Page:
Does California know what time it is?
First-ever decline in population punctures long-held presumptions of desire, demand
Has the California proposition changed fundamentally? And does it matter for real estate?
The answer to the first question is yes—the state had a net population decline in 2021, the first drop since it began annual counts more than a century ago. That followed another historic reversal, noted in 2018, when the number of Californians leaving the state exceeded new arrivals from around the world for the first time.
Those trendlines matter in ways that headlines about California being over – a periodic theme in the national media for decades – never did.
And they matter to real estate, especially in Southern California—a place that willed itself out of chaparral country, midwifed the birth of Hollywood, invented the Jet Age, redefined the American Dream and became a West Coast bookend to Ellis Island.
All of that grew out of a real estate hustle that peddled parched land as paradise. The scheme relied on constant population growth, presuming eternal desire for Southern California’s lifestyle and land.
The recent dip in population suggests that presumption has been punctured.
The decline is real – an empirical data point. It also aligns with perceptions in many precincts that Southern California’s promise is being spoiled by public corruption, homeless encampments, and a push for residential density that flies in the face of the backyard-as-rec-room culture that has defined the place.
There are more specific reasons for concern in a recent report from Chapman University titled “Restoring the California Dream,” penned by Joel Kotkin and Marshall Toplansky.
You can check the report yourself here—but for now consider this brief excerpt and the challenge it sums up:
“Nearly 80 percent of all jobs created in the state over the past decade paid less than the median income, a percentage far below our prime competitors. The inconvenient truth is that in key metrics such as housing costs and income growth, most Californians are doing worse than their counterparts elsewhere.”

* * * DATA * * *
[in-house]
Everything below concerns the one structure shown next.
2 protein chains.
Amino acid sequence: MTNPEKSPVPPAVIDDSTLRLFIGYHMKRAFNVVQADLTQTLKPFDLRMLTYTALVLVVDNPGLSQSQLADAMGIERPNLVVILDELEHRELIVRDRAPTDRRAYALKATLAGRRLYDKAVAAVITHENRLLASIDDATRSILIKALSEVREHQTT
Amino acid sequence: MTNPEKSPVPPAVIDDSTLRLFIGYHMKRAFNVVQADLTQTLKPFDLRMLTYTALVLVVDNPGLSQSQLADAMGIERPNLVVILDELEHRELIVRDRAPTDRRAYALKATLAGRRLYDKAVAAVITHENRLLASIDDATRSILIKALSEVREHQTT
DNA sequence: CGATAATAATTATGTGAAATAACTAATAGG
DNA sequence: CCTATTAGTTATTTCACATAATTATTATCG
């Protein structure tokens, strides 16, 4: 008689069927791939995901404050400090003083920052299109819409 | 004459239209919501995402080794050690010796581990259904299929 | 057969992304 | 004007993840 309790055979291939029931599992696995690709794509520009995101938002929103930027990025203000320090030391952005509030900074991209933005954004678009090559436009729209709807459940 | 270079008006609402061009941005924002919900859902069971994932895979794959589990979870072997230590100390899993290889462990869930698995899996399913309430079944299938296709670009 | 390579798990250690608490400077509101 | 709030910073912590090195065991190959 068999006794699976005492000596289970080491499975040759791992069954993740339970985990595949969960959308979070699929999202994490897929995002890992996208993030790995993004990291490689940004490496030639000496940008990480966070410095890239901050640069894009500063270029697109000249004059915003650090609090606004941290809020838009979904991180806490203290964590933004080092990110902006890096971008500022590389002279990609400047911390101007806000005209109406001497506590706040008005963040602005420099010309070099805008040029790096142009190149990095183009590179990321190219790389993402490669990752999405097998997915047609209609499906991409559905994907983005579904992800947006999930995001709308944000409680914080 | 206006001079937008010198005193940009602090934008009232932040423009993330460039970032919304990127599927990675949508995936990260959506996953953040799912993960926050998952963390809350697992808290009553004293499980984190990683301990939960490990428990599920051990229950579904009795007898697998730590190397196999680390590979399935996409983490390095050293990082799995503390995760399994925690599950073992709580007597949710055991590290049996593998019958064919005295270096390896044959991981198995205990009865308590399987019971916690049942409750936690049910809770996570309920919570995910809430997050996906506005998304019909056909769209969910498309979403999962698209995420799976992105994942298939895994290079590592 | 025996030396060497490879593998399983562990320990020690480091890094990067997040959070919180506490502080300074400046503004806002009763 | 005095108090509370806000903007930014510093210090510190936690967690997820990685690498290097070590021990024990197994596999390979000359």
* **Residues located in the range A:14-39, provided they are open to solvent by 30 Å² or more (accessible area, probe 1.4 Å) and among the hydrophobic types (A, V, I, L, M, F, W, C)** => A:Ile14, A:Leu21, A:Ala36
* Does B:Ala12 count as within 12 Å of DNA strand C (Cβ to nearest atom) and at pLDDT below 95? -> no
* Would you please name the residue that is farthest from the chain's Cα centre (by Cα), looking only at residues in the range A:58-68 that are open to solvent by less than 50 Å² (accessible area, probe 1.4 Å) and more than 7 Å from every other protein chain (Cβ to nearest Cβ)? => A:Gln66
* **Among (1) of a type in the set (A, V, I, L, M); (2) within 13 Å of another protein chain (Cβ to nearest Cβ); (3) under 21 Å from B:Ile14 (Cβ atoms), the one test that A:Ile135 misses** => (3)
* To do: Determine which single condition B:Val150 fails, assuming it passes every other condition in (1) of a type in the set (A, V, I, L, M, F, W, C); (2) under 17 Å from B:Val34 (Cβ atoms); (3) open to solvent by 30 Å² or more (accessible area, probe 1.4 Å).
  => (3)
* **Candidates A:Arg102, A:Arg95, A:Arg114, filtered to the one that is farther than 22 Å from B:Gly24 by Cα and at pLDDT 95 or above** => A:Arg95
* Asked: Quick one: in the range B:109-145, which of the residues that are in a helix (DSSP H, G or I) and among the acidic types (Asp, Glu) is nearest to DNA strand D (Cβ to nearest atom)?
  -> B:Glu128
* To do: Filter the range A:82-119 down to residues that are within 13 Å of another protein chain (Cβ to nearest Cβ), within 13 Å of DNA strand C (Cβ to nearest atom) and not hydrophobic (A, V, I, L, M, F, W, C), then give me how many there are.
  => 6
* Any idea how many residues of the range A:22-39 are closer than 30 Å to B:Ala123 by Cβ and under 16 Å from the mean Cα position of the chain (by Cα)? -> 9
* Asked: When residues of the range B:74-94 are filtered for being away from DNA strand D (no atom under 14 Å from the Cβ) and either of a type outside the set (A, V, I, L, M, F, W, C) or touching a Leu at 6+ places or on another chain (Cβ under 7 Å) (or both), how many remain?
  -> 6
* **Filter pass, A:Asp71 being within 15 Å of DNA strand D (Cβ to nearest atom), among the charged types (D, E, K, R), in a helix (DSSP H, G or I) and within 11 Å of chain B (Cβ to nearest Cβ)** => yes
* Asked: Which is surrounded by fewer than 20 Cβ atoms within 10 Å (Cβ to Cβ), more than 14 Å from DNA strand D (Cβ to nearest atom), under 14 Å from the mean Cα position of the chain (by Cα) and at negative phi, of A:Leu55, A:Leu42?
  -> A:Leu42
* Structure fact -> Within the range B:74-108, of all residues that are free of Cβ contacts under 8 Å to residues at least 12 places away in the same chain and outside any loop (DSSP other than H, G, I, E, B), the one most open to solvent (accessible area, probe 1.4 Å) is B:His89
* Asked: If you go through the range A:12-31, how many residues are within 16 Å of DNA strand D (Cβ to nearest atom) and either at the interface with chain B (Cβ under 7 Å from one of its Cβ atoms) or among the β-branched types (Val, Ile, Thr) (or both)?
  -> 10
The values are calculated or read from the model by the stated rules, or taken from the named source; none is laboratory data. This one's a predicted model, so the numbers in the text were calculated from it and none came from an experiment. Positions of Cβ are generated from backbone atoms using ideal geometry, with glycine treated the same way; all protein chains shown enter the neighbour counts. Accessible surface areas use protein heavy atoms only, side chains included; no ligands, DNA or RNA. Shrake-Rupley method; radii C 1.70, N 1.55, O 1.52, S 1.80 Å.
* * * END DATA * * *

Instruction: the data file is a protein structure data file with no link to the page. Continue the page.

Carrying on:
A clear takeaway is that California can no longer be sure it is a magnet for newcomers from around the nation and world. Texas beckons, and for every person who just has to live near the ocean there are eight or 10 who just want their own house. California can no longer count on Californians either. Florida looks better to a lot of well-heeled folks who have grown tired of getting hit with tax hikes only to see the public sector fail to perform the basic chores of government—shelter for the homeless in Los Angeles, public safety in San Francisco, getting unemployment checks sent out of Sacramento during a pandemic.
The report from Chapman makes a lot of sense but is gaining little traction with public officials. That’s likely because the public sector has gotten a reprieve from a reckoning thanks to a gusher of tax revenue from initial public offerings and capital gains on shares of tech outfits from Silicon Valley to Silicon Beach.
We all know that the stock market can’t go up forever – tech stocks have already taken a hiding this month. So it’s important to ask how long California can live in denial.
New York City’s history might offer a hint. Comparisons of California to New York are plentiful – and generally unwise—but there are exceptions to the rule if we look back into the
New York’s greatest challenge of recent times started in the wake of World War II, when a general-turned-politician named Dwight Eisenhower got elected president and started to build an interstate highway system. It was a defense project—despite its obvious civilian applications—inspired by Eisenhower’s experience with the logistics of invading Europe.
New York was the largest center of industrial jobs in the U.S. in the early 1950s, when the interstate highway system began to take shape. The highways soon sped up the development of suburbs and new centers of industry, allowing the country to spread out— and eroding New
York’s dominant position, prompting the first post-industrial transition for a major American city.
It didn’t go well—plenty of denial for many years—and New York was disheveled, dispirited, and broke by the 1970s. The decline continued into the 1990s, when New York finally found the political will for policies that produced a turnaround.
Now consider Southern California, where the information superhighway could have an effect similar to the toll that Eisenhower’s interstate highway system took on New York. Those physical roads opened up a world of new options for a lot of opportunities that previously had to run through Manhattan. The roadways of cyberspace have put the means of producing everything from podcasts to feature-length films within reach of just about anyone with any ambition anywhere in America. That’s the sort of stuff that used to run by default through the dream factory of Southern California.
The region’s dominant city and driving force—L.A.—is looking disheveled these days, like a place that’s just a recession away from being broke. Walk a few blocks from City Hall—or drive around and check the freeway underpasses – and L.A. feels like New York circa 1970.
That comparison might be taken to mean there’s another decade or so before the City of Angels is forced to face its demons.
Don’t count on having that much time, though – the clock ticks faster in the Digital Age.